• I agree that it is not unreasonable, as a parent, to have a say, but i think that when they are of an age, they SHOULD read most of these books, and the parents should be on hand to explain why they are so controversial. This, in its own right, keeps young adults open minded and educated.

  2. Most of the books on the “banned” book list were not banned, as in the government made them illegal, but were challenged, as in some citizen or group of citizens objected to the book. Most challenges fail in this enlightened age.

    Anyway, these days it is hard to stop a book from being available to almost anyone, either via the internet, bookstores, libraries, internet sales, or even just friends. Even totalitarian regimes cannot ban books these days.

    If you are looking for a schema to help decide on what books to read, the list has some exceptionally good books on it, they just aren’t as “banned” as the ALA would like you to believe.

    • You’re right – the list is really the “most challenged” books, i.e., what parents/etc. ask libraries to take off the shelves or put in a special section or what have you. So yes, the term “banned” isn’t really used in the traditional sense with respect to banned books week. (Thank goodness!)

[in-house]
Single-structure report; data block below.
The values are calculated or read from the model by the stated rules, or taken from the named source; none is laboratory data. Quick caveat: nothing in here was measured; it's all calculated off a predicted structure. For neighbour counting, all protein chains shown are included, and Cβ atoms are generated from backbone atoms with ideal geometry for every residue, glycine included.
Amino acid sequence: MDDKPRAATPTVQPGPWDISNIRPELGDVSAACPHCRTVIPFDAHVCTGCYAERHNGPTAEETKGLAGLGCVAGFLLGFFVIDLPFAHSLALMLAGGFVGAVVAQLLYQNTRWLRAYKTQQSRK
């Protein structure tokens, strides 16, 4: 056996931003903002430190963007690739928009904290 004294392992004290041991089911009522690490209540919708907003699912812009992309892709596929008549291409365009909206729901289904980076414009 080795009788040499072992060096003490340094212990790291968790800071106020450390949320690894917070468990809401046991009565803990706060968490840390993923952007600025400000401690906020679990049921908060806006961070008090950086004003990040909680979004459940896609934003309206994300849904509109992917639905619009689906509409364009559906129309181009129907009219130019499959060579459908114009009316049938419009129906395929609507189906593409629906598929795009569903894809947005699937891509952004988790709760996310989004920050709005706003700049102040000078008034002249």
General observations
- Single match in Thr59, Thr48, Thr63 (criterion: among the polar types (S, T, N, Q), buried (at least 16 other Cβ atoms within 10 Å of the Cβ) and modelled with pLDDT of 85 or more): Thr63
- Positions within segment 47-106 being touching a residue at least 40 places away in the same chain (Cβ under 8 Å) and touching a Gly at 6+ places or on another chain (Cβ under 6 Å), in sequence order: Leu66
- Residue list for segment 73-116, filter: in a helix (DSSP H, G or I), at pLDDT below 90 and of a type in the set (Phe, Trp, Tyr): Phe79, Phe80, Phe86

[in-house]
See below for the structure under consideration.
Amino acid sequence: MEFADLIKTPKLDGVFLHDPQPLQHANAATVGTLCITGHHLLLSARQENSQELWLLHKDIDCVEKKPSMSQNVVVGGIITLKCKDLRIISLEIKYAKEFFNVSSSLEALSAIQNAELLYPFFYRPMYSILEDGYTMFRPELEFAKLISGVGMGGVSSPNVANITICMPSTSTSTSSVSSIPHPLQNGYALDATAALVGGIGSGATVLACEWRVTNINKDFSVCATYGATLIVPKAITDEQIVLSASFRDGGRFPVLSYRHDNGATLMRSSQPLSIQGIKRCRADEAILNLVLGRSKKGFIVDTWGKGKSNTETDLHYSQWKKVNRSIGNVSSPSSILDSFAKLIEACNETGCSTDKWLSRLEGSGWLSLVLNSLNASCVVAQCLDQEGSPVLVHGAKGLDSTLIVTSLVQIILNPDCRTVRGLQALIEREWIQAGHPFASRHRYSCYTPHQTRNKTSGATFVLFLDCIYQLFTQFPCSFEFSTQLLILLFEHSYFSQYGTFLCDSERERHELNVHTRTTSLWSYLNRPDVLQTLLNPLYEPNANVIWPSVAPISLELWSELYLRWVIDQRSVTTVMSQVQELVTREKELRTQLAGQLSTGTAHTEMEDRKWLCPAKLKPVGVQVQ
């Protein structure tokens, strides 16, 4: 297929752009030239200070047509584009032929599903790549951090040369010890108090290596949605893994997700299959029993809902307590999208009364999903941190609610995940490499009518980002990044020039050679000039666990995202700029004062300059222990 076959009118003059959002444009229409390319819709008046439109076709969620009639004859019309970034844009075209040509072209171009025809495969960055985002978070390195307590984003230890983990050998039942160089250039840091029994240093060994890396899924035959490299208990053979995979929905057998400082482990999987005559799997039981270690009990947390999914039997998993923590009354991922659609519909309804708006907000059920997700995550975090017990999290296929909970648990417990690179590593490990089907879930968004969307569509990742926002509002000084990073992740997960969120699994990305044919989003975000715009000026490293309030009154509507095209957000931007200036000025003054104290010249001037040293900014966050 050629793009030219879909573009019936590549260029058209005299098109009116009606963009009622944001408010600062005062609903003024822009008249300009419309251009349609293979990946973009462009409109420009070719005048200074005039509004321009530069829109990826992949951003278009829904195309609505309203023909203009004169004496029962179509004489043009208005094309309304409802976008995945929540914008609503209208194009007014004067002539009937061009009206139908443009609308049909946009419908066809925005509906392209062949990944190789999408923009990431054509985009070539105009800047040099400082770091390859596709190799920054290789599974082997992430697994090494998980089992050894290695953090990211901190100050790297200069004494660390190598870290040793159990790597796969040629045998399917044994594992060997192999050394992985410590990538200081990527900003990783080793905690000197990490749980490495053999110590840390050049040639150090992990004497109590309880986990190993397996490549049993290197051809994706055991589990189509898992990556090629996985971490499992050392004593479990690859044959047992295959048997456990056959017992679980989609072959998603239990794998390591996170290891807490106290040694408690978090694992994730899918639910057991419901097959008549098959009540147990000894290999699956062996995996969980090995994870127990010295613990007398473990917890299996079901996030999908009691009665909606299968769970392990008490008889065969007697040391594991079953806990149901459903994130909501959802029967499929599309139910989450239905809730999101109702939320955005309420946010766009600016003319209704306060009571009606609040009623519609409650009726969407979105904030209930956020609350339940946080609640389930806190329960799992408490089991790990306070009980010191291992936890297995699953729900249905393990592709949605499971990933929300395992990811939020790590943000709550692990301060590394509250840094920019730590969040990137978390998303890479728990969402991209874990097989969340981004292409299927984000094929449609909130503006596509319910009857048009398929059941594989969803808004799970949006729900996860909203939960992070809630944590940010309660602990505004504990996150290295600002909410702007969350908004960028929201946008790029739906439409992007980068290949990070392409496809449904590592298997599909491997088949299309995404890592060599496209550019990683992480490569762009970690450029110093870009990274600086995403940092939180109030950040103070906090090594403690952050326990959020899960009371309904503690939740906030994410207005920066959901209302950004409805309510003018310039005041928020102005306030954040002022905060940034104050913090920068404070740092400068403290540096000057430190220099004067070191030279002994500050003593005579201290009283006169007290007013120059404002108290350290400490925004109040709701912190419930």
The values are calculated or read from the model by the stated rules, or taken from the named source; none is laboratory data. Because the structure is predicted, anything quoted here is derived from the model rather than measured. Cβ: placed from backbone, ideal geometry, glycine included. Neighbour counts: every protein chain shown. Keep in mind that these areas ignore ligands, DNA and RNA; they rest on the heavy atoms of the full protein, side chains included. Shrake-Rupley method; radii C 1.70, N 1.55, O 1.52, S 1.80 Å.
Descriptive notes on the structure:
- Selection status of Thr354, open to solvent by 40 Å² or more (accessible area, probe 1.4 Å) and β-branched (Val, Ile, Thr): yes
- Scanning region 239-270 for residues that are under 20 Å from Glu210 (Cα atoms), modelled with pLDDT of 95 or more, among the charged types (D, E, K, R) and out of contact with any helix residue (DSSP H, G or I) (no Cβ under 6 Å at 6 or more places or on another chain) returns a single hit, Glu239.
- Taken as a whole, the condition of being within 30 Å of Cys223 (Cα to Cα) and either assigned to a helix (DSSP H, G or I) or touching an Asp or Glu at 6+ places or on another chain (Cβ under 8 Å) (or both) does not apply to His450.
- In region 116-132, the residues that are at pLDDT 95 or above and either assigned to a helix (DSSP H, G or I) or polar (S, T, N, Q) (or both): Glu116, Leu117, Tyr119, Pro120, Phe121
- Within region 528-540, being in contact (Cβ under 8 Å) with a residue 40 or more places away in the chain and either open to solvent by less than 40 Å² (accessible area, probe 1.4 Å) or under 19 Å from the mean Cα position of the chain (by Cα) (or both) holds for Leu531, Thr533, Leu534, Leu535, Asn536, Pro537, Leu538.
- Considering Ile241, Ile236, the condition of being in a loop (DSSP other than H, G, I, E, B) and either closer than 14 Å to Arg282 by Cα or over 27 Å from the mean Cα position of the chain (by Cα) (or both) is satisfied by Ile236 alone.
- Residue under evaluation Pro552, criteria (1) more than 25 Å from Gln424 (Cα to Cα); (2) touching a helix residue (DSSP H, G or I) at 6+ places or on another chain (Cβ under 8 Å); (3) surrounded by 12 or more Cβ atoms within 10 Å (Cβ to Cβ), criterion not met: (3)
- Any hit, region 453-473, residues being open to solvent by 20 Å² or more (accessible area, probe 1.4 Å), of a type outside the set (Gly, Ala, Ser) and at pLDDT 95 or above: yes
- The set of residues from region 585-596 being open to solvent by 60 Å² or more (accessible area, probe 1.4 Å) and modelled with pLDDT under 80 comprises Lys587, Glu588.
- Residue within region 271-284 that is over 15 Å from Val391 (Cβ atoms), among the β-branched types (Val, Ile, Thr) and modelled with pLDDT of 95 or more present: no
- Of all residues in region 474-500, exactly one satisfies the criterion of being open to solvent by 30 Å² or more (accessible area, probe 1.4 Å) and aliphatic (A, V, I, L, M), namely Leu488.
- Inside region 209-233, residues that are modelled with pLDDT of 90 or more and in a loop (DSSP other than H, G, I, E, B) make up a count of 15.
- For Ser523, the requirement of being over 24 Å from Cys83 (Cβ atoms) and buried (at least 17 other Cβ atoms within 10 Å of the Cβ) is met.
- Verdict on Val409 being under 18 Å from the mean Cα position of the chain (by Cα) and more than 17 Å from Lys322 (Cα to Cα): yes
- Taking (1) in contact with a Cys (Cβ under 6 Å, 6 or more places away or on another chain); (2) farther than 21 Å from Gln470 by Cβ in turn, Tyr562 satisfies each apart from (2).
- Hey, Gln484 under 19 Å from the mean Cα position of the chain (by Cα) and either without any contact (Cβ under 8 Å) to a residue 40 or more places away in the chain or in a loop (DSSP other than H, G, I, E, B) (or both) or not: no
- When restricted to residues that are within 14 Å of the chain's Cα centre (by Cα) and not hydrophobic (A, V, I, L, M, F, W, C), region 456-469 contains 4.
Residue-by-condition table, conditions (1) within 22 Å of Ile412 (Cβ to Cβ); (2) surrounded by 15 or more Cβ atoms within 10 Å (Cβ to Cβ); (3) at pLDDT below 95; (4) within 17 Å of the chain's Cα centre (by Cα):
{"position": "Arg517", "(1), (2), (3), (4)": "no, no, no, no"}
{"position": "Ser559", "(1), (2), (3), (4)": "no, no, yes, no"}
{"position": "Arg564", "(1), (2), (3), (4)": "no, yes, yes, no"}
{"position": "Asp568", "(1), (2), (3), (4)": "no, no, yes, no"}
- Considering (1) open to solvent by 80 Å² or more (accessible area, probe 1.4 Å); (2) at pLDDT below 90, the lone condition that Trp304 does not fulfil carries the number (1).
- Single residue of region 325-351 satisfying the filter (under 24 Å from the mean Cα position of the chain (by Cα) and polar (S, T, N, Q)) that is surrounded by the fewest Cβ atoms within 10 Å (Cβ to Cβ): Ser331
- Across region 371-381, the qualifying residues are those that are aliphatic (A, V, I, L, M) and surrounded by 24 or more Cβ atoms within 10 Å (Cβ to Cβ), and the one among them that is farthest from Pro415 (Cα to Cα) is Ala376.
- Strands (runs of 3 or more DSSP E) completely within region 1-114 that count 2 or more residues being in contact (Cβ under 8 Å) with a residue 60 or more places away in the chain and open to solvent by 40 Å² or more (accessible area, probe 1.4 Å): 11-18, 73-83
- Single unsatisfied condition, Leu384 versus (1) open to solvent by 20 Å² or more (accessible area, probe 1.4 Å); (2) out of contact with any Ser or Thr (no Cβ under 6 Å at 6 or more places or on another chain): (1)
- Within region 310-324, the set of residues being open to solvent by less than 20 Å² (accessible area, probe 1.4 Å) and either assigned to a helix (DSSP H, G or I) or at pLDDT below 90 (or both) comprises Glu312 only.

• To which I will add that it is not unreasonable for parents to have a say in what their children are provided to read. Nor is it necessarily a sign of unreasonable people for parents and teachers to disagree.

  3. I remember my 7th grade book fair being the year that I bought a copy of Farenheit 451 and read it for the first time. It changed my life and changed the way I thought about alot of things. It saddens me that there are some kids out there that might not ever get to read a book like this, or 1984, or even something fairly non-offensive like Catcher in the Rye that might challenge them to think differently about their lives and their current perceptions of the world.

  4. I was expecting explicit books to be listed here. If you fancy reading something that really does challenge publishing standards try out American Psycho or A Clockwork Orange.